The research was funded by the National Science Foundation and the European Research Council.

(Photo: Vanessa Woods)

Duke University

EARLY HUMANS CAUSED EXTINCTION OF AUSTRALIA'S GIANT ANIMALS

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The mass extinction of Australia’s giant animals, such as huge kangaroos and rhinoceros-sized wombats, might have been more rapid than previously thought, according to new research from the University of Bristol. This suggests humans could have been responsible for wiping out the country’s megafauna between 50,000 and 40,000 years ago.

Working with researchers at the Australian National University (ANU) in Canberra, Dr Alistair Pike of Bristol’s Department of Archaeology and Anthropology analysed more than 60 megafauna bones and teeth found at Cuddie Springs in New South Wales.

Cuddie Springs is central to the debate about the timing and cause of the megafaunal extinctions as it is the only site known in continental Australia where human artefacts and megafauna remains have been found in the same sedimentary layers. These layers have previously been dated to between about 40,000 and 30,000 years ago leading to speculation it was climate change that wiped out the megafauna. However, the megafauna remains had not been dated directly – until now.

The researchers, led by Rainer Grün at the ANU, analysed the Cuddie Springs bones and teeth using uranium-series and electron spin resonance (ESR) dating techniques. Their results indicate that all the remains of the extinct species are at least 50,000 years old, and some are much older.

This suggests there was not a long period of coexistence between the giant animals and early humans, and that Australia’s megafauna could have been rapidly hunted to extinction during the period (60,000-45,000 years ago) when the first humans reached the continent.

Dr Pike said: “The cause of the disappearance of megafauna in Australia and also in Europe and North America is a hotly debated topic. Some researchers suggest it was climate change in the last ice age that caused their extinction, while others suggest it was overhunting by humans.

“The key to solving the problem is to develop methods to reliably date the bones of megafauna and compare them with the dates for the arrival of humans. In Bristol we have developed a method to date bones from the radioactive decay of the tiny amounts of uranium they contain. It is especially useful for sites like Cuddie Springs where older and younger material have become mixed through erosion.”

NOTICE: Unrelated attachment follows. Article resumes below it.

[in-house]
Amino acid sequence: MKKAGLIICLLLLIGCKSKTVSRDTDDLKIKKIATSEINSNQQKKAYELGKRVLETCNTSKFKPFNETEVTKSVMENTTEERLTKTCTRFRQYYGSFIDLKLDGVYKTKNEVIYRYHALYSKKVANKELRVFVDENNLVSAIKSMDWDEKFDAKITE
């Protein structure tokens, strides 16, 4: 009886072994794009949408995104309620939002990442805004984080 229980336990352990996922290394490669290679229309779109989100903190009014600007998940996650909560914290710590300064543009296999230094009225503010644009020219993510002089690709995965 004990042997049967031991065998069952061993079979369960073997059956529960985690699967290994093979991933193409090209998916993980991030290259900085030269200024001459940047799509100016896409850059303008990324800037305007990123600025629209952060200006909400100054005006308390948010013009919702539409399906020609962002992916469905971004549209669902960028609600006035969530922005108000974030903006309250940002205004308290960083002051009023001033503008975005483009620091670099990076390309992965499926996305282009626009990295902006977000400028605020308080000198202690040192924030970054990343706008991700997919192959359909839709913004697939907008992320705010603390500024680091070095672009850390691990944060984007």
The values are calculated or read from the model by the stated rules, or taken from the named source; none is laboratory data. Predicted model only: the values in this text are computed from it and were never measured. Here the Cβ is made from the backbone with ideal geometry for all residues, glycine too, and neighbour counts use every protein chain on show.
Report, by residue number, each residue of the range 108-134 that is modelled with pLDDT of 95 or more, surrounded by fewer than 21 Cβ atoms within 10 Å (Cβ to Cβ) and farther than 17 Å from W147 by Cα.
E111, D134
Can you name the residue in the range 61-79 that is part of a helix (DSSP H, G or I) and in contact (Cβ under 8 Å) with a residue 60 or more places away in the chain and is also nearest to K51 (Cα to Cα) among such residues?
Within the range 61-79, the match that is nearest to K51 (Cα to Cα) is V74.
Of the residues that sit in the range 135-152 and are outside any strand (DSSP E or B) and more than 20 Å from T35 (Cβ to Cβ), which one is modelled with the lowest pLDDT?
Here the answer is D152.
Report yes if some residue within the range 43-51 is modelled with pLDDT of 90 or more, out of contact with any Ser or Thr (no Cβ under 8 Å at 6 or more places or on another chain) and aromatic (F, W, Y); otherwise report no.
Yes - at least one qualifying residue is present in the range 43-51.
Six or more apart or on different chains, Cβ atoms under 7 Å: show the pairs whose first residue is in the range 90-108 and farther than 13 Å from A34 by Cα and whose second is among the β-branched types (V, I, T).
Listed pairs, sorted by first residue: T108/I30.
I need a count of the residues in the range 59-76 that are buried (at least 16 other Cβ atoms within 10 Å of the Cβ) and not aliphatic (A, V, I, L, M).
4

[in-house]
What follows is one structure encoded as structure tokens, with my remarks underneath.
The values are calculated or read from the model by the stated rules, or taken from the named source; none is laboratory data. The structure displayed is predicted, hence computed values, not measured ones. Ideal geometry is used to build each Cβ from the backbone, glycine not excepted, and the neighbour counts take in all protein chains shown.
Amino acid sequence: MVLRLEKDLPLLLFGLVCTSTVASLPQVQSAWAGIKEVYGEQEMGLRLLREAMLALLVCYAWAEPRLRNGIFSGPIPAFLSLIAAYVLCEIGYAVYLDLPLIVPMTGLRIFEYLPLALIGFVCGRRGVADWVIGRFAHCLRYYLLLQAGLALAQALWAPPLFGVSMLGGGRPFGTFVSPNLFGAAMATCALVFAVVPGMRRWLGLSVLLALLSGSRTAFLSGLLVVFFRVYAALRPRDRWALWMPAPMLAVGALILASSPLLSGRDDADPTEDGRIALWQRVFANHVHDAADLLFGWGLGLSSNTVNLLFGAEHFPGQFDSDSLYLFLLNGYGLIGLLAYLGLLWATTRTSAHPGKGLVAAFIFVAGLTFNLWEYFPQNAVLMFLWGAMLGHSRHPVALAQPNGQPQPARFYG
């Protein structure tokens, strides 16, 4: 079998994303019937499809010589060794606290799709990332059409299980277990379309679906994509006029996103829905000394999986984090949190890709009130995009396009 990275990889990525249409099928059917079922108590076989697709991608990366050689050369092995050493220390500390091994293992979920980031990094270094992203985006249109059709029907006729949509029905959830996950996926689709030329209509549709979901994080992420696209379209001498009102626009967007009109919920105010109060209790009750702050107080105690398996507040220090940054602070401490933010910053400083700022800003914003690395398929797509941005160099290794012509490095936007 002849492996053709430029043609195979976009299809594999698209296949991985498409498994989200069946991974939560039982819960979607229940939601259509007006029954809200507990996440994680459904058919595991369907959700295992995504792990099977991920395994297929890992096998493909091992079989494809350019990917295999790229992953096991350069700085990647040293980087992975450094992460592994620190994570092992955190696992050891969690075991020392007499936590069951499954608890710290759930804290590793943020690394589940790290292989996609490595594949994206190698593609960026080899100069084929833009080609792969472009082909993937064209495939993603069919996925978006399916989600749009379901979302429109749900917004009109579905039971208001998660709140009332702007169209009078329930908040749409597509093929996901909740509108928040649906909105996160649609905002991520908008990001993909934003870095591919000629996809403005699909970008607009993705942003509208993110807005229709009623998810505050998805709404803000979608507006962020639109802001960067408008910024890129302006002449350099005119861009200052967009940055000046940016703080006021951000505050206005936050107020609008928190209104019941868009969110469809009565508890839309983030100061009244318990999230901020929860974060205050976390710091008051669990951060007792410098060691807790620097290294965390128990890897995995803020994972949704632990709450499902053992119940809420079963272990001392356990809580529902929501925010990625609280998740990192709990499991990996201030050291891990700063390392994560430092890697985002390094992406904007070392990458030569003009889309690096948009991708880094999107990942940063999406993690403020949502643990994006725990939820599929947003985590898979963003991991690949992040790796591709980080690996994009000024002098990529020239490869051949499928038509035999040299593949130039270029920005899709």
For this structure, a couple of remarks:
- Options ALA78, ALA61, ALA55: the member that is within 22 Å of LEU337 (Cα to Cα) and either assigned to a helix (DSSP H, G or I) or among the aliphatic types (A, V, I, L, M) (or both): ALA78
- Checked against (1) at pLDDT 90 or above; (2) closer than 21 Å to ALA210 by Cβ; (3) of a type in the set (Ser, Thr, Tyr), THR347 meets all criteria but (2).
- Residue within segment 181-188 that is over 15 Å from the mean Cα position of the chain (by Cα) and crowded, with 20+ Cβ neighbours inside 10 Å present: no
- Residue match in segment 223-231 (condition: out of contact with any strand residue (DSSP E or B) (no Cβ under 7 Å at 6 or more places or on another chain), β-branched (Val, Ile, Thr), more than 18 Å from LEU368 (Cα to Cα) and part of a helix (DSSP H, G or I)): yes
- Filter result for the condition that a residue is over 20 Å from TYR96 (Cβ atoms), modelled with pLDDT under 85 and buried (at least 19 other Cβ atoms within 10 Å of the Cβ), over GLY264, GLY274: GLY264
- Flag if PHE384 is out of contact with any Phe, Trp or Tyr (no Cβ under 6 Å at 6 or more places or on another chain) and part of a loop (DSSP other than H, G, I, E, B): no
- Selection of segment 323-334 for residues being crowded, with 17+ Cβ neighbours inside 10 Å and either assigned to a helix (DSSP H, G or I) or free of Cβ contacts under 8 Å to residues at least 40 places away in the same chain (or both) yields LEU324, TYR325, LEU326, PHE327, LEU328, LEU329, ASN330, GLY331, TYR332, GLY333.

(Photo: Stanton F. Fink)

University of Bristol

ARTIFICIAL BEE SILK A BIG STEP CLOSER TO REALITY

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CSIRO scientist Dr Tara Sutherland and her team have achieved another important milestone in the international quest to artificially produce insect silk.

They have hand-drawn fine threads of honeybee silk from a ‘soup’ of silk proteins that they had produced transgenically.

These threads were as strong as threads drawn from the honeybee silk gland, a significant step towards development of coiled coil silk biomaterials.

“It means that we can now seriously consider the uses to which these biomimetic materials can be put,” Dr Sutherland said.

“We used recombinant cells of bacterium E. coli to produce the silk proteins which, under the right conditions, self-assembled into similar structures to those in honeybee silk.

“We already knew that honeybee silk fibres could be hand-drawn from the contents of the silk gland so used this knowledge to hand-draw fibres from a sufficiently concentrated and viscous mixture of the recombinant silk proteins.

“In fact, we had to draw them twice to produce a translucent stable fibre.”

Dr Sutherland said numerous efforts have been made to express other invertebrate silks in transgenic systems but the complicated structure of the silk genes in other organisms means that producing silk outside silk glands is very difficult.

“We had previously identified the honeybee silk genes and knew that that the silk was encoded by four small non-repetitive genes – a much simpler arrangement which made them excellent candidates for transgenic silk production.”

Possible practical uses for these silks would be tough, lightweight textiles, high-strength applications such as advanced composites for use in aviation and marine environments, and medical applications such as sutures, artificial tendons and ligaments.

(Photo: Nick Pitsas, CSIRO)

CSIRO